For example, I’ve found that Stripe invoice line items only allows you to do full refresh syncs and not incremental syncs. Because of this, I’m forced to use full refresh append, creating duplicates and lots of extra records at the source. While this is not ideal, it is the only option that would make sense. It forces me to think through how I need to model the data in the staging layer in order to get rid of duplicates.
Choosing the appropriate cursor field
As mentioned earlier, when using an incremental sync mode, you need to choose a field that accurately determines when a row was generated within Stripe. Sometimes Airbyte will select this automatically, and other times you will need to specify this yourself.
Make sure you are always selecting the field that represents when the record was truly created in the system. It may involve reading through lots of documentation and understanding the nuances between fields to choose the right one. For most of the Stripe tables, Airbyte automatically selects the created field to be the cursory field.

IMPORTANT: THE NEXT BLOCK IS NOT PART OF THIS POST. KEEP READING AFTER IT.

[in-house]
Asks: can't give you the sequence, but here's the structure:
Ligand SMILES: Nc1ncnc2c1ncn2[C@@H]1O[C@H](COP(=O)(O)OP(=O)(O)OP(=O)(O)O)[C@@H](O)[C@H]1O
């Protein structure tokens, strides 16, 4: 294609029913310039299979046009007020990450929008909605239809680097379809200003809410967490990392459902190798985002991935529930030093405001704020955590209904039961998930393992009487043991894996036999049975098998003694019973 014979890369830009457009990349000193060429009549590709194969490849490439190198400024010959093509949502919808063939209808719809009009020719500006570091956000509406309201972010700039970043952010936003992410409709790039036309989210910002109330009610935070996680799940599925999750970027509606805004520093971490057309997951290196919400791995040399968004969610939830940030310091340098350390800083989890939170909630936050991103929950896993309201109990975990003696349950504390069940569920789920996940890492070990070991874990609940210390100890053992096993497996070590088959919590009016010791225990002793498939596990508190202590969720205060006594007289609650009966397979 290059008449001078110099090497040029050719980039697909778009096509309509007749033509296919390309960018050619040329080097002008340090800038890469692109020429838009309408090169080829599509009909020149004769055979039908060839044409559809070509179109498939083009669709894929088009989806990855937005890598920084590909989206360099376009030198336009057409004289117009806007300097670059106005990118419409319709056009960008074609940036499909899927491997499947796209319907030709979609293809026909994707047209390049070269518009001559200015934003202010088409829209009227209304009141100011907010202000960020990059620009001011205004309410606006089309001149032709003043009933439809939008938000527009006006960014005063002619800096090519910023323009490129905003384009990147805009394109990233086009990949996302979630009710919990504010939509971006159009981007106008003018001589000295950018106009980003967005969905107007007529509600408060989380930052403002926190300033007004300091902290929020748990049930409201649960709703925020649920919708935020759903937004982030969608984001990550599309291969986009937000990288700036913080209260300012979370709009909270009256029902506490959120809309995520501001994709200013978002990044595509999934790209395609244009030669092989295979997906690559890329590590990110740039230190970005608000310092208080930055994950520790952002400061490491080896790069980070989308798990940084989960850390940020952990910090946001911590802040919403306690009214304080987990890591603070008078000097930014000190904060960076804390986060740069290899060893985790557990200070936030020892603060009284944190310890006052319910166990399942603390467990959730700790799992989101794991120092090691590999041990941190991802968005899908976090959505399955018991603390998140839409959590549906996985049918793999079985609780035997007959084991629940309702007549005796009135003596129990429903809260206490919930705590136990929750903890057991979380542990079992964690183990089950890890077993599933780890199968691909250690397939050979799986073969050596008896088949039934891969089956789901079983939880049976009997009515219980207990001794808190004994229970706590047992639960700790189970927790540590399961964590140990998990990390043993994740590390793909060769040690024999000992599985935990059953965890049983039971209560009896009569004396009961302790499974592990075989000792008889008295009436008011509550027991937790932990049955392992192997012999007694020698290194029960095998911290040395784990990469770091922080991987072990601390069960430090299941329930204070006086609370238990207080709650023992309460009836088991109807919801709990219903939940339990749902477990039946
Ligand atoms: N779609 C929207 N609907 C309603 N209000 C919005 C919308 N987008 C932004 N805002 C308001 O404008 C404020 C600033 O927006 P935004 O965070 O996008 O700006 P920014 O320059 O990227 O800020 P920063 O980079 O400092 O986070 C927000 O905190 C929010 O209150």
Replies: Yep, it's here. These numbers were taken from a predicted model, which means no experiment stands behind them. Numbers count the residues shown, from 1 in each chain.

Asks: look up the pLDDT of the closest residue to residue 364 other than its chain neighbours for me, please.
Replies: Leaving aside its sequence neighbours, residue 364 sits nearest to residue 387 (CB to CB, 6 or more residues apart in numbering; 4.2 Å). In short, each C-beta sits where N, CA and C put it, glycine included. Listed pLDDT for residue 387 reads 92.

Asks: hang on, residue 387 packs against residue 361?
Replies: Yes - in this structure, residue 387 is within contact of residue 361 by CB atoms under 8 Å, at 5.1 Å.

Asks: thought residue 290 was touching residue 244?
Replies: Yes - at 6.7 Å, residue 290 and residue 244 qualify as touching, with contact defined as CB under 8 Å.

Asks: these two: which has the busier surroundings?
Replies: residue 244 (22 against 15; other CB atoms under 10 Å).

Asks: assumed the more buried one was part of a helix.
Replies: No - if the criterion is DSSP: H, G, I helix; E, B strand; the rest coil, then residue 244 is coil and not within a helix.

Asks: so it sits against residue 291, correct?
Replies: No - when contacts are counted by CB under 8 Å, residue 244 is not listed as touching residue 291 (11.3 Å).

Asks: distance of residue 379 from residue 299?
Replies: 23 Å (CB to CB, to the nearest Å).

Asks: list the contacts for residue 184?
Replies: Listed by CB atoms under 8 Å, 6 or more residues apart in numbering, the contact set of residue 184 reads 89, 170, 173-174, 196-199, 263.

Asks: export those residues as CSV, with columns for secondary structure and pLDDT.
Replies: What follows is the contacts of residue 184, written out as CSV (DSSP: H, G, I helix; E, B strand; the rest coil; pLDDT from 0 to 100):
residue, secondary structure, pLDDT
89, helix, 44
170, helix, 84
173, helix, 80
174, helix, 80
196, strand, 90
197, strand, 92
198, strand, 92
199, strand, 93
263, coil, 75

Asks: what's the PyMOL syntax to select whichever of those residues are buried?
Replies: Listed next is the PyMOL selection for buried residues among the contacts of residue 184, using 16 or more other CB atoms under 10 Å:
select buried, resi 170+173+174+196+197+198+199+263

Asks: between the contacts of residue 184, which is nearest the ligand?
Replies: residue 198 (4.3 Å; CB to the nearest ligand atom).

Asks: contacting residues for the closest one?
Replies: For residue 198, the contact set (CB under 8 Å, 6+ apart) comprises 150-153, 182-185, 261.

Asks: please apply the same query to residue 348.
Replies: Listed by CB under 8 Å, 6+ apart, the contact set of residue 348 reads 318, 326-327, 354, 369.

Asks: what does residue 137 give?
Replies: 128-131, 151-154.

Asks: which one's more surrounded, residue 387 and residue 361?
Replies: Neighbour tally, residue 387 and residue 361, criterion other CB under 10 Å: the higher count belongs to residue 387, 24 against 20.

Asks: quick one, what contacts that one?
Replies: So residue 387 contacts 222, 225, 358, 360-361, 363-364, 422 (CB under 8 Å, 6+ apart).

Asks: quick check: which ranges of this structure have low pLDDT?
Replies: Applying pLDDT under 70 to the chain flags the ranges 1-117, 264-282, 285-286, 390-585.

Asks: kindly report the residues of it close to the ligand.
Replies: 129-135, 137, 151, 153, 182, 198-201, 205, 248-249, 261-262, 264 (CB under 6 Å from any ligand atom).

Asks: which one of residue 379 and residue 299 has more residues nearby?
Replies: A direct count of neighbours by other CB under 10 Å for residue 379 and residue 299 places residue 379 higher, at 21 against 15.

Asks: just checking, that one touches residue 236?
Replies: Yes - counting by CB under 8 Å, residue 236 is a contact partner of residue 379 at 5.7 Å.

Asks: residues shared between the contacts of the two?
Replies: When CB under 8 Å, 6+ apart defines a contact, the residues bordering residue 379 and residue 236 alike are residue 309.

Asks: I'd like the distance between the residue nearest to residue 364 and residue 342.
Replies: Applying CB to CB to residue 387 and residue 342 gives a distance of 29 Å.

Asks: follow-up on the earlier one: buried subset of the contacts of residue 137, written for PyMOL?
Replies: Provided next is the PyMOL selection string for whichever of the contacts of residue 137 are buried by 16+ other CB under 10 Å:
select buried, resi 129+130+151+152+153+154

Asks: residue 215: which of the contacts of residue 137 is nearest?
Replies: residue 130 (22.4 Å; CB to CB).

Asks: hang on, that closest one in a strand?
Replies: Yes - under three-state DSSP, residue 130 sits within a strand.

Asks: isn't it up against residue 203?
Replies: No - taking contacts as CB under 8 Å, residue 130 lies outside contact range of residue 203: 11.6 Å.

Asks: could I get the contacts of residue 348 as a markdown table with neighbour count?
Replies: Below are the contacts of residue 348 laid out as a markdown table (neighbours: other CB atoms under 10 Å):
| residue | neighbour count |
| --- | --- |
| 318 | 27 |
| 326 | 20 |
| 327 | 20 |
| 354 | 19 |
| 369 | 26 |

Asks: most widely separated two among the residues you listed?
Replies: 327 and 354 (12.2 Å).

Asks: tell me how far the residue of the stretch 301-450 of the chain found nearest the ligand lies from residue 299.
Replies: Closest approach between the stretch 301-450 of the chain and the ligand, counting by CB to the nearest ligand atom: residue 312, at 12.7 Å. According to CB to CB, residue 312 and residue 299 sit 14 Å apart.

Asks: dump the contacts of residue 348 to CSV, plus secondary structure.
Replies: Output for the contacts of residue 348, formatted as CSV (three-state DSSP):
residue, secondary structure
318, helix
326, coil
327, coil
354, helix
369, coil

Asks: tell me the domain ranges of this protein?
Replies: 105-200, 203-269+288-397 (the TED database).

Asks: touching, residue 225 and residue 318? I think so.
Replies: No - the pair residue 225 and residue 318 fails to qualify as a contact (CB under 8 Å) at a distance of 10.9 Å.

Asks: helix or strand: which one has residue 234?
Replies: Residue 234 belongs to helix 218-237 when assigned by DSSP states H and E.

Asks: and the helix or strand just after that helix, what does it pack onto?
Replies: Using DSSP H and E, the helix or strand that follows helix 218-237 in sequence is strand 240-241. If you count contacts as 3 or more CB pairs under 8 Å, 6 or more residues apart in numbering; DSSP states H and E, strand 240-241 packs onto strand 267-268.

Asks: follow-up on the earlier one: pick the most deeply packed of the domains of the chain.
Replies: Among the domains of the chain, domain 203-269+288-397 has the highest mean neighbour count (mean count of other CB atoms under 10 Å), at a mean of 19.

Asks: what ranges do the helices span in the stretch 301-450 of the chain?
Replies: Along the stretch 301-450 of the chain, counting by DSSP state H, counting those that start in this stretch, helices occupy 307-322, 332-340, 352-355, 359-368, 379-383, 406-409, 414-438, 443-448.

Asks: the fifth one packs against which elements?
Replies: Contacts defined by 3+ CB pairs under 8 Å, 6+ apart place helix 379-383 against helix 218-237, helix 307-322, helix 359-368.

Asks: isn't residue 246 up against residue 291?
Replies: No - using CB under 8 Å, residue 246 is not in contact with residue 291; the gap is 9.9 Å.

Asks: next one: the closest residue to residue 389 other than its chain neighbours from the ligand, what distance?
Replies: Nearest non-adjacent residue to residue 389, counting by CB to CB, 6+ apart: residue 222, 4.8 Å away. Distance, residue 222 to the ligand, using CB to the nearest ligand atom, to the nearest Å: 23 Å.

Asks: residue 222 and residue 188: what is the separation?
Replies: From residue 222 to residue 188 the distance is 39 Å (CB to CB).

Choosing the appropriate primary key
When using an incremental sync, you also need to choose the field that accurately denotes a unique row in Stripe. Similar to the cursory field, Airbyte often selects this automatically, but at other times you will need to select it yourself. Denoting this primary key helps Airbyte know which records to compare, choosing the most recent record to populate the output table. This helps to ensure that all records are deduped and accurately reflect the current picture at the source. For incremental syncs with Stripe, Airbyte chooses this primary key automatically.